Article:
Nora Lark is without her husband in the midst of a drought in the Arizona Territory and she is haunted. Her living children, all sons, cause her consternation. The older two have disappeared, ostensibly in search of their father, while the youngest, Toby, is recovering from an injury that may cost him the sight of one eye. Despite the impediment, Toby swears he has seen a beast, something fantastical and mysterious, roaming near their homestead, and the house girl Josie, who claims to commune with the dead, confirms his claims. And Nora’s deceased daughter, Evelyn can’t seem to leave her mother alone.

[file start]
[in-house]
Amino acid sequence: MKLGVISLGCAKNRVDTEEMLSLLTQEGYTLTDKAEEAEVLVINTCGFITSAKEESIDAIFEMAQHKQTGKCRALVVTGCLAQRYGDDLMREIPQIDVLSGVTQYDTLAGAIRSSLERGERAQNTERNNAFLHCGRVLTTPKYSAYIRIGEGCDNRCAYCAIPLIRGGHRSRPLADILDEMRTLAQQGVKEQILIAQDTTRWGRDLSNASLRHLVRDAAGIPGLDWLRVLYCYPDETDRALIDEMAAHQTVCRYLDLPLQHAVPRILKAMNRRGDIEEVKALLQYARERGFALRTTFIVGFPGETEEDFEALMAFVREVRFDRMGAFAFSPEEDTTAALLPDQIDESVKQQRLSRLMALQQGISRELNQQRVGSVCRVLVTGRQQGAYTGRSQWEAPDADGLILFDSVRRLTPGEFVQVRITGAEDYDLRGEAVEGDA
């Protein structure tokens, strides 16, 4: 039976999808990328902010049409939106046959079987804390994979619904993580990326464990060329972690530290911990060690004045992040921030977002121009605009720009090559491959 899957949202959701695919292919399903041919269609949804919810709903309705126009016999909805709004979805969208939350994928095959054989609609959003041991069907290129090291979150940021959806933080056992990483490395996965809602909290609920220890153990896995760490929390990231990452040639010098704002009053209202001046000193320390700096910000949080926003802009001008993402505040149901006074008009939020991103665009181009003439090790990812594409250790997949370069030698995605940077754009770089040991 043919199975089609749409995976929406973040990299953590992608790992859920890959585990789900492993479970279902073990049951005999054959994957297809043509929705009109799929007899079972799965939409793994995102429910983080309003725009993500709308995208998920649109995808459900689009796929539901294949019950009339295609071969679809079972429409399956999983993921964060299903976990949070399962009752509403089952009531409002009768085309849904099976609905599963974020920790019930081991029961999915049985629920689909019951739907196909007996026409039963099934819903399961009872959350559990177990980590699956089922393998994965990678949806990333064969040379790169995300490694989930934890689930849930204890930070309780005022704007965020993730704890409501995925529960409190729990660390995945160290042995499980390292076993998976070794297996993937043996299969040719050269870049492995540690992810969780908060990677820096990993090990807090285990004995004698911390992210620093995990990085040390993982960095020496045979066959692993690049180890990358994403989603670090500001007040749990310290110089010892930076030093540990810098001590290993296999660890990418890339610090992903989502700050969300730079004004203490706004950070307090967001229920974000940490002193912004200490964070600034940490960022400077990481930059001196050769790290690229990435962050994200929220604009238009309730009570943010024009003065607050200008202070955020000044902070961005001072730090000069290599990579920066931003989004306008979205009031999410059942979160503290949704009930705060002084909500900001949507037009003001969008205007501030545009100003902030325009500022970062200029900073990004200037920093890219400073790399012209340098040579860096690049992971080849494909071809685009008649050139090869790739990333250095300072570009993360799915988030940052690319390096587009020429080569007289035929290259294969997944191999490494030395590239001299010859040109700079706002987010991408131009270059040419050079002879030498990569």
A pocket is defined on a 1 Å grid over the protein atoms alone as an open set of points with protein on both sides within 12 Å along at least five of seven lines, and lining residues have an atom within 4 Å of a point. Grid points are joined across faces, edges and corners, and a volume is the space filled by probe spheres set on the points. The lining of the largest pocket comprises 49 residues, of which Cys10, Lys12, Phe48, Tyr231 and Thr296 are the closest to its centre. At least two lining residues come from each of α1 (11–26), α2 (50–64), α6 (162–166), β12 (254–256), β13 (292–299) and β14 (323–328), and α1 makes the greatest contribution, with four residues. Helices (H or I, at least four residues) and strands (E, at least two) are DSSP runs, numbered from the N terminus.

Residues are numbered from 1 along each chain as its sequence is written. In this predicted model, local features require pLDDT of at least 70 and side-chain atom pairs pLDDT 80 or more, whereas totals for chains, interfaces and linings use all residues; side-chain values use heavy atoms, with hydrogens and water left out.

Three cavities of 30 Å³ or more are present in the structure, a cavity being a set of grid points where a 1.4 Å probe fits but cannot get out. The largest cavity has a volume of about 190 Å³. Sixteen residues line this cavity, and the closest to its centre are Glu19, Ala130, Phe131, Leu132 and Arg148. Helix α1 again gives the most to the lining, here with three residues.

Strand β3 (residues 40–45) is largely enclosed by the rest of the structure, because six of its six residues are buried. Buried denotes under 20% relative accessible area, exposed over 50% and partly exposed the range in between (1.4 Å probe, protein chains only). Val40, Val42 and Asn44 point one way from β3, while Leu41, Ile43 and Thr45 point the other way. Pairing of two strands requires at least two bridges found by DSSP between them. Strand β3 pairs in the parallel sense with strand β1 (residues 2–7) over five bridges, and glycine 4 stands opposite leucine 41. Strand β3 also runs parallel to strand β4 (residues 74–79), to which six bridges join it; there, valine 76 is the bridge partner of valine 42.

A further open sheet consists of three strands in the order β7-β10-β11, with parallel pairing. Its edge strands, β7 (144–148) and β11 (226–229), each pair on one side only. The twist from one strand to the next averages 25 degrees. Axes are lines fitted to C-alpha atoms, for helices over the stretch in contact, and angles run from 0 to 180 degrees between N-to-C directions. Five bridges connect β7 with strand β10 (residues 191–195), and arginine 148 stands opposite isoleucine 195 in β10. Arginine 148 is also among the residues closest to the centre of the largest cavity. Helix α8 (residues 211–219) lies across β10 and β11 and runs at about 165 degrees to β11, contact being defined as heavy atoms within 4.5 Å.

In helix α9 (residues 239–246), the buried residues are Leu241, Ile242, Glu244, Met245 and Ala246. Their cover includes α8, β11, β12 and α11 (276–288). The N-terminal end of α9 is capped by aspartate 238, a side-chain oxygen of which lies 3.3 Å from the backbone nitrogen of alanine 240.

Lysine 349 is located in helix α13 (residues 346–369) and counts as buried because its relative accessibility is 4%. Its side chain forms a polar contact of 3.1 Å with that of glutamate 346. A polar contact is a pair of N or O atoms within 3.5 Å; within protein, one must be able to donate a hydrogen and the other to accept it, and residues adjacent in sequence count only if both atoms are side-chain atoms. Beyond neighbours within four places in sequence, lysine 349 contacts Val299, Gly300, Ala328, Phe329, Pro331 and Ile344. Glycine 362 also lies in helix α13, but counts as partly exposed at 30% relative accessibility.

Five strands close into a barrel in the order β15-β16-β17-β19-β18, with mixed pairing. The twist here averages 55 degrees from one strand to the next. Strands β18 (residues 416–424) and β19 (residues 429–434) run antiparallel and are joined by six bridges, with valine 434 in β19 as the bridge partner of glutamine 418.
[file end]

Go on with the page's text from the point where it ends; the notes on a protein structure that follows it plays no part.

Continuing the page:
In Tea Obreht’s latest novel, Inland, Nora’s trials aren’t the only focus. Told in alternating points of view, the other story is that of Lurie Mattie, an orphaned immigrant boy who spends his life trying to allude a marshall who suspects Mattie of murder.
These two stories illustrate the lengths to which those who are desperate will go to survive, even as the near-desert landscape seems to conspire against them. Part old-west novel, part document of the American experience, readers are taken on a journey they are not soon to forget in Obreht’s Inland.
|Page Count||384 pages|
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